Even some environmentally-minded economists seem to favor open borders. They  have swallowed the basic atomistic individualism of neoclassical economics while opposing other aspects of the paradigm. Nevertheless, people are in fact not atomistic individuals but persons-in-community—both social and biophysical community. Our very identity as persons is constituted by internal relations in community—with family, friends, and place, including one’s ties to country, biome, customs, religion, language, and history. Community is real and important to the welfare of real persons—it is not just an aggregate of externally related, atomistic, interchangeable individuals—of “economic men” running all over the world in mass numbers seeking their own utility maximization.

Within limits individual freedom to migrate is certainly a value to be protected—including against its own self-defeating extreme of open borders. To make political progress toward consensus on immigration policy we should first clear the air with a “referendum” on the policy of open borders. If that policy is rejected then we can talk seriously about the total number of immigrants and the selection criteria that best balance the needs of all people. If the open-borders policy is adopted then one must forget about controlling the movement of people across national boundaries.

Indeed, open borders eliminates or at least diminishes control of the border crossings of goods and capital as well—something consistently advocated by neoclassical economists under the banner of “free trade” and “globalization”. National boundaries are in effect erased, and without national boundaries there need be no border patrol, indeed no military to defend those former borders—just one big happy “world without borders” in the words of the song. After two world wars the abolition of the nation state admittedly has its appeal—but a “world without borders” is an expression of sentimentality, not reason. If you are poor and your country provides no social safety net, you move to one that does. If you are rich and your country makes you pay your taxes, you move to one that doesn’t. That is the “world without borders” —and without community either!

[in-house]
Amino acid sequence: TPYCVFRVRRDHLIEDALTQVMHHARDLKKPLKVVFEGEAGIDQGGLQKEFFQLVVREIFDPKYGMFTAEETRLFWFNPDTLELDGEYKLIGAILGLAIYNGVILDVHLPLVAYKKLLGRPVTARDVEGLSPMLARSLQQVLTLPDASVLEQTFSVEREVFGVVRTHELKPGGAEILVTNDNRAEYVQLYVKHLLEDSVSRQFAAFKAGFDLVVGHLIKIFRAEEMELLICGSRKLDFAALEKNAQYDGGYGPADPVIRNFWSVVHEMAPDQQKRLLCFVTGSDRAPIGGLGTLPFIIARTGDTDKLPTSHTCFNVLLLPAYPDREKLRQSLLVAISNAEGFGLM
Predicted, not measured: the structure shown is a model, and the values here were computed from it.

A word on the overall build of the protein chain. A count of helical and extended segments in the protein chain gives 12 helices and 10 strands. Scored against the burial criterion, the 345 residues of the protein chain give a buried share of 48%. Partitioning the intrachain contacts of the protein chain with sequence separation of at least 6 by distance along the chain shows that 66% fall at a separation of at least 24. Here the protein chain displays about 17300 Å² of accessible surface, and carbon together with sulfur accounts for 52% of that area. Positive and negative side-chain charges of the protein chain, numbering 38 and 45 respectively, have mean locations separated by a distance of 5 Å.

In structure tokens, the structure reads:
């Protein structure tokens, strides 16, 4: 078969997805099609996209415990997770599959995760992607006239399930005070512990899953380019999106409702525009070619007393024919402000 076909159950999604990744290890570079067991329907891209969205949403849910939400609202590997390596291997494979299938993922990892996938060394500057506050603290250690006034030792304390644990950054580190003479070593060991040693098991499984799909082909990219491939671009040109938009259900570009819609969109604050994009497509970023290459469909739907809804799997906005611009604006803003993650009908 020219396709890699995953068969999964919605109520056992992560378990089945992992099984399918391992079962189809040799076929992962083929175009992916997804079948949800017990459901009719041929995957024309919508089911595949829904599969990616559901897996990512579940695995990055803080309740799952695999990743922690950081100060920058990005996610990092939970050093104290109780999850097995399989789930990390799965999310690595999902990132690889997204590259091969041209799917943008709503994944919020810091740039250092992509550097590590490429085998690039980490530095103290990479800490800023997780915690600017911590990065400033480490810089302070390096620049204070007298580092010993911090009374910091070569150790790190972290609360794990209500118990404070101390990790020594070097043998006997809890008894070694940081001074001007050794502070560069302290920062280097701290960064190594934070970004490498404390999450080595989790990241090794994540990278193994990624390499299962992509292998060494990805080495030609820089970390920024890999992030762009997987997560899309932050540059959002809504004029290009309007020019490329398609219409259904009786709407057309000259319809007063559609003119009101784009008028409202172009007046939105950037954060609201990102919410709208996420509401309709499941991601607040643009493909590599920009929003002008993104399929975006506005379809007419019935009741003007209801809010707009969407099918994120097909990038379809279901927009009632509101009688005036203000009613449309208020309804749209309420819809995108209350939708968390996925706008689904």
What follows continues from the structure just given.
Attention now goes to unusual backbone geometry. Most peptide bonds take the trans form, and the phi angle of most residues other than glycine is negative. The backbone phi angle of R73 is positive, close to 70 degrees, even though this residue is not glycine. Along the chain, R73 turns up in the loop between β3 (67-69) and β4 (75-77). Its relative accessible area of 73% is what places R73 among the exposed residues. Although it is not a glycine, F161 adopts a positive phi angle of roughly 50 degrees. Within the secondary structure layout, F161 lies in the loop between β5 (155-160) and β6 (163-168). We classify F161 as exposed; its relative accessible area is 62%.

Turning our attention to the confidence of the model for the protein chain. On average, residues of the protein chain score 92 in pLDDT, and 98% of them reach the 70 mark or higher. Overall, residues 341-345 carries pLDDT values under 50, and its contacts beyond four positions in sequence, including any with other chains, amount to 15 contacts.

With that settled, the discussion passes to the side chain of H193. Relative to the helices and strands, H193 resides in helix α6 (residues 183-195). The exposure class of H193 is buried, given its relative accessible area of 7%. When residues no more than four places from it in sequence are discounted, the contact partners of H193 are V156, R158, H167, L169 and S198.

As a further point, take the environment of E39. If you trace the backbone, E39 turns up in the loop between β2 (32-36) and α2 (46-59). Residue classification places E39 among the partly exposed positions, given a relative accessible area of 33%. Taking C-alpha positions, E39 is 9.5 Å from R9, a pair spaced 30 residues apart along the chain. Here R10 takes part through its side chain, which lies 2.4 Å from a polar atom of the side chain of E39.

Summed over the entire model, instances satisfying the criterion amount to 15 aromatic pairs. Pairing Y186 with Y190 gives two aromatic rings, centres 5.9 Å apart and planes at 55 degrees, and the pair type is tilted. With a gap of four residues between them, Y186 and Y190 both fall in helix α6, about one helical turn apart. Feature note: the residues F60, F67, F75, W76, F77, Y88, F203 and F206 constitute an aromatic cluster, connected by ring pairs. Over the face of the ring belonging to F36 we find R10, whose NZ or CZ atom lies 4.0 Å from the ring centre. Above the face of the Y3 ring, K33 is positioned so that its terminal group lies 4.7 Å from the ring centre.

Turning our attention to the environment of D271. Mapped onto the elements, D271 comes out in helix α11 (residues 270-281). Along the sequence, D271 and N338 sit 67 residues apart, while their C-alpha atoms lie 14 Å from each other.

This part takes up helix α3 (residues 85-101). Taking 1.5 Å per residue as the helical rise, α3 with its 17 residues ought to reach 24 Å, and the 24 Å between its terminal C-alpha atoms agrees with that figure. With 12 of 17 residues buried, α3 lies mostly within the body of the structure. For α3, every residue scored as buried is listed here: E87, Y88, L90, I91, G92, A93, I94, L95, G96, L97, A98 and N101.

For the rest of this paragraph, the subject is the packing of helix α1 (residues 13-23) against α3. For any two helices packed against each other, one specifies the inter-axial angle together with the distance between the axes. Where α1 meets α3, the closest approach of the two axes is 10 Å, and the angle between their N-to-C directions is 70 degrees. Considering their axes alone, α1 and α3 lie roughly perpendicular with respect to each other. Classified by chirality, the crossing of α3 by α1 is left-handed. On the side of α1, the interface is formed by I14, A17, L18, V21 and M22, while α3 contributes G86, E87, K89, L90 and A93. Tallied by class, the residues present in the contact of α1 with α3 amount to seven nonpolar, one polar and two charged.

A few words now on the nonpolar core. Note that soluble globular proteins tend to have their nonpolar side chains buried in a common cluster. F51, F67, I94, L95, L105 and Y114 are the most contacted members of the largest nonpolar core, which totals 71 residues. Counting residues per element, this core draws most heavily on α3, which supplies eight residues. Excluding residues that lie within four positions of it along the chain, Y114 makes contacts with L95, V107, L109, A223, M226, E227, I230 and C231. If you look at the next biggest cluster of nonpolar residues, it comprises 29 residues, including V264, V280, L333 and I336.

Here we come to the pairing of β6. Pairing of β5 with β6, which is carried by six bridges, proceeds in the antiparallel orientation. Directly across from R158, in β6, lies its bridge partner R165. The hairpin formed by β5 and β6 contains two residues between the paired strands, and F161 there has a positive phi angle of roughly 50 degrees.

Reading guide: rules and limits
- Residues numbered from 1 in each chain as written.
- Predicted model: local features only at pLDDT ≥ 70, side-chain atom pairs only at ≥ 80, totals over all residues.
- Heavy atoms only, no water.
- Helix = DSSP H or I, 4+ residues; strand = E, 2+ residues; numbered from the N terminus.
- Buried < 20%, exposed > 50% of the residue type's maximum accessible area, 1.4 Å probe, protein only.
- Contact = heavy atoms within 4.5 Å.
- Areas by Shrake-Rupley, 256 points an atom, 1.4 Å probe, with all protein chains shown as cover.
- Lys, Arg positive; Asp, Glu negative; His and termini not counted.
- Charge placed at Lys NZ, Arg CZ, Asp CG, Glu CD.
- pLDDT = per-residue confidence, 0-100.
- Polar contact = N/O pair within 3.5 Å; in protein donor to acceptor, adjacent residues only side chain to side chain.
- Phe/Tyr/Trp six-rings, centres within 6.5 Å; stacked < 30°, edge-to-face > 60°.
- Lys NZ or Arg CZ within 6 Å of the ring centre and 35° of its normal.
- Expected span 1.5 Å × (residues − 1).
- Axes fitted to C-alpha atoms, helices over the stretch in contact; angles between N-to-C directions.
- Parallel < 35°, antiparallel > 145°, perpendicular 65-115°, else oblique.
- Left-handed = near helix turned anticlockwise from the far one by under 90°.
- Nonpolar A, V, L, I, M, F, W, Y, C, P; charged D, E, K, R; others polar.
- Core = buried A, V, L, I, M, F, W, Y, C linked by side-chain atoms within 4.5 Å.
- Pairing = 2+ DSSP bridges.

Global community must be a “community of communities”, a federation of nations cooperating for a limited number of important global purposes. Erasure of national boundaries would mean that there are no communities left to federate. The invisible hand of the free global market (along with unrestrained global corporations) will unleash growth in global GDP (unhindered by national policies of cost internalization). The population of atomistic cosmopolitan individuals, free from national laws and constraints, will grow with renewed pace. External costs, if recognized at all, will presumably fall on the “non-existent” community, and to the extent that some fall on real individuals, they can be escaped by freely migrating somewhere else.

Realistically however, a policy of open borders obviously invites the tragedy of the open access commons. It is its own reductio ad absurdum, as indicated in the previous paragraph. Probably that is why, in the full world of today, no country practices it, and few people advocate it. Nevertheless, it should be fairly discussed, because some people certainly do advocate it. In addition to the cheap-labor and cheap-retirement lobbies, advocacy of open borders comes both from the politically correct faction of left-wing economists, and from the libertarian faction right-wing economists. The politically correct reflexively label any limits on immigration as thinly disguised “racism”, apparently the only evil they can recognize. The libertarian neoclassicals label any restriction on immigration as a “market distortion”, their single cardinal sin. Both consider themselves advanced cosmopolitans, morally superior to the national populists whose “provincial” concern is first for the poor in their own community. This surprising agreement between opposite political extremes in support of open borders is evidence that ideologues of both types have difficulty thinking clearly. Unfortunately, lack of clear thinking—aided by moralistic pretension, ethnic politics, and class interest—is often a political advantage.


Herman E. Daly is one of the world’s foremost ecological economists. He is Emeritus Professor at the University of Maryland, School of Public Policy. From 1988 to 1994 he was Senior Economist in the Environment Department of the World Bank. His interest in economic development, population, resources, and environment has resulted in over a hundred articles in professional journals and anthologies, as well as numerous books, including Toward a Steady-State Economy. He is co-author with theologian John B. Cobb, Jr. of For the Common Good which received the 1991 Grawemeyer Award for Ideas for Improving World Order. Over his career, Herman has taken a courageous stance, swimming upstream against the currents of conventional economic thought. Printed with permission.

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Filed under Culture, Ethics, Human Rights, Immigration